Livestock worrying cost NI farmers £290,000 in past four years.
The Ulster Farmers’ Union says livestock worrying remains a huge concern as rural insurer NFU Mutual reports that in the last four years, livestock attacks cost Northern Ireland nearly £290,000.
Local livestock farmer Councillor Robert Burgess has backed the UFU in its call for dog owners to keep their pets under control.
With incidents rising, UFU deputy president Victor Chestnutt said it is vital the issue of livestock worrying is tackled more aggressively. “It is a harrowing sight to see ewes and lambs that have been seriously injured or killed by dogs and no farmer should have to go through this,” he said.
“In Northern Ireland, there is little legislation to protect farmers and their livestock. Back in October we called on local politicians to back livestock worrying proposals, recommended by the National Police Chiefs’ Council (NPCC). However, in the absence of an Executive this has made it more challenging to progress,” said Mr Chestnutt. Despite the lack of government, the UFU has managed, through the Rural Crime Partnership and facilitated by the Department of Justice, to set up a Northern Ireland Livestock Worrying Stakeholder Forum. “Collectively, we want to reduce the number of livestock worrying incidences from happening. We also want to highlight the importance of responsible dog ownership in the countryside, with many allowing their pet to roam the freely,” he said.
Mr Chestnitt added: “The UFU says farmers must treat livestock worrying as they would an incident of rural crime. It should be reported to the PSNI and to your local dog warden for investigation. Despite a record number of reported incidences, we suspect livestock worrying is actually under-reported. One of the things we can do is report every incident to help push it up the agenda here in Northern Ireland.”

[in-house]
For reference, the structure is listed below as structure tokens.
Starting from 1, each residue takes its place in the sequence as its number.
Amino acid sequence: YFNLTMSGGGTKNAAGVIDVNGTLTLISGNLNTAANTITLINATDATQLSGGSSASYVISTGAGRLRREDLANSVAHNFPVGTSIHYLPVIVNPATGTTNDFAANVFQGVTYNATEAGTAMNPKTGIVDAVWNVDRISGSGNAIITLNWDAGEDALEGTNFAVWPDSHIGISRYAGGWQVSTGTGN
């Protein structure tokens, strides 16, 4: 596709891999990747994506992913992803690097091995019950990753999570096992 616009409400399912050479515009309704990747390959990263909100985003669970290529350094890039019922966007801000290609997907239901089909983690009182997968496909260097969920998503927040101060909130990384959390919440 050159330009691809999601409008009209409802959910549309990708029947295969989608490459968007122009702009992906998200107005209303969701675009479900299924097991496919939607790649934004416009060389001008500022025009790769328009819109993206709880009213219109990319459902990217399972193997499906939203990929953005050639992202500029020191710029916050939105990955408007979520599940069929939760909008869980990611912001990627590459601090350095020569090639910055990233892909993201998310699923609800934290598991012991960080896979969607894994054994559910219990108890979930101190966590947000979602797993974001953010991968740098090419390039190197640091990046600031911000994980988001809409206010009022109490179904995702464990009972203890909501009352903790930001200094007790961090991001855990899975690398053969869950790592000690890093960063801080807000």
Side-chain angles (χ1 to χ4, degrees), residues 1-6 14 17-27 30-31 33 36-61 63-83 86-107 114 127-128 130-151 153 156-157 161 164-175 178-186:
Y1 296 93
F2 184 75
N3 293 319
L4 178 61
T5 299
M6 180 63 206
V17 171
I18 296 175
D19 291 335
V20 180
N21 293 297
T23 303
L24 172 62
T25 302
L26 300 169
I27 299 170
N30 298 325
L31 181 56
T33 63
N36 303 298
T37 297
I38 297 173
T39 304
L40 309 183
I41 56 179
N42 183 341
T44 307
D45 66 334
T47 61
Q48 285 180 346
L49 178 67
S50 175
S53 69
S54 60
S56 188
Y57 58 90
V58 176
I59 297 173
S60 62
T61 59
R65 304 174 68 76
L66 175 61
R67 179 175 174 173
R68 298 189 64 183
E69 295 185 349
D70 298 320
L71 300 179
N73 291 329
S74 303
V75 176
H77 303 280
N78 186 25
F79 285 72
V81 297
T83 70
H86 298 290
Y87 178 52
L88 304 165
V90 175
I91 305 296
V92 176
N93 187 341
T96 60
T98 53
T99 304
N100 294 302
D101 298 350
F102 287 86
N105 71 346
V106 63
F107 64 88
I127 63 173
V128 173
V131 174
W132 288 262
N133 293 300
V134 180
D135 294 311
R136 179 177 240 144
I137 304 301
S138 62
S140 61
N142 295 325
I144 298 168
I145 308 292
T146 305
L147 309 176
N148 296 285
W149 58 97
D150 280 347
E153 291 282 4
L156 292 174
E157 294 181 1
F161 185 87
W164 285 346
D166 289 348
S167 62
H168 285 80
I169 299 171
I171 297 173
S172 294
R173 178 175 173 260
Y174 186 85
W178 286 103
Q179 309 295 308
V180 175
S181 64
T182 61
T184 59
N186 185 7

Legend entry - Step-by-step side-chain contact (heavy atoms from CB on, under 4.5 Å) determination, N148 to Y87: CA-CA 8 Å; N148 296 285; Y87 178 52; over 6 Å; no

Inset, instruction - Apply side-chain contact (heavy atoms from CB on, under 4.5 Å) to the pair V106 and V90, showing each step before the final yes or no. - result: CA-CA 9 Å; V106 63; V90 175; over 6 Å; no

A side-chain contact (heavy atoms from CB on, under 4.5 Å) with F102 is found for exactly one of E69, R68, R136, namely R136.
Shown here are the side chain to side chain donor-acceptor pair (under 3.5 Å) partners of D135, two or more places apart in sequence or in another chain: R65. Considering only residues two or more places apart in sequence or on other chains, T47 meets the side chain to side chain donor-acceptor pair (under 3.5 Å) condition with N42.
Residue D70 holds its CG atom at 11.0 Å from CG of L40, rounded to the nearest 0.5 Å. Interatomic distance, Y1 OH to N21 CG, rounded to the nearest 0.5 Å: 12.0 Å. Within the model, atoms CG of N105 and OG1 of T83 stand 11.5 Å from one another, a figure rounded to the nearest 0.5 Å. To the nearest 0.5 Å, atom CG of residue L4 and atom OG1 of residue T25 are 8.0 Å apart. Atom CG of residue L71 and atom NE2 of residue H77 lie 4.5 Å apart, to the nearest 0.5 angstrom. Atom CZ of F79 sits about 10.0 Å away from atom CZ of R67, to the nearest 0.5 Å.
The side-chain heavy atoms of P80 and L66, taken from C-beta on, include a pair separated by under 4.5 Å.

Burgess Calls On Dog Owners To Keep Control of Their Pooches
Saintfield farmer Councillor Robert Burgess has been a strong advocate of dog owners keeping control of their animals at all times especially during the breeding and lambing season. He said: “A dog can travel quite a distance many miles from its home if it is let out or escapes and could end up on a local farm attacking sheep and return home without the owner being aware of what the dog has done.
“A single dog can do huge damage to a flock of sheep if they are worried or chased. This is a farmer’s worst nightmare if it occurs. The damage is often internal when the lamb is turned in the womb because of the panic the sheep are in and the fast running.
“Dog owners do need to be accountable for their pets. I have had occasion to shoot a dog worrying my sheep and it is not a pleasant thing I would wish on any farmer. So I would urge all dog owners who venture into the countryside to be mindful of all livestock, especially during the calving and lambing season at this time of year. With the growing population of the Saintfield area there are more dogs around.”
The Northern Ireland Livestock Worrying Stakeholder Forum includes representatives from DAERA, NILGA, PSNI, UFU, Northern Ireland Dog Advisory Group, Countryside Alliance Ireland, National Sheep Association and USPCA.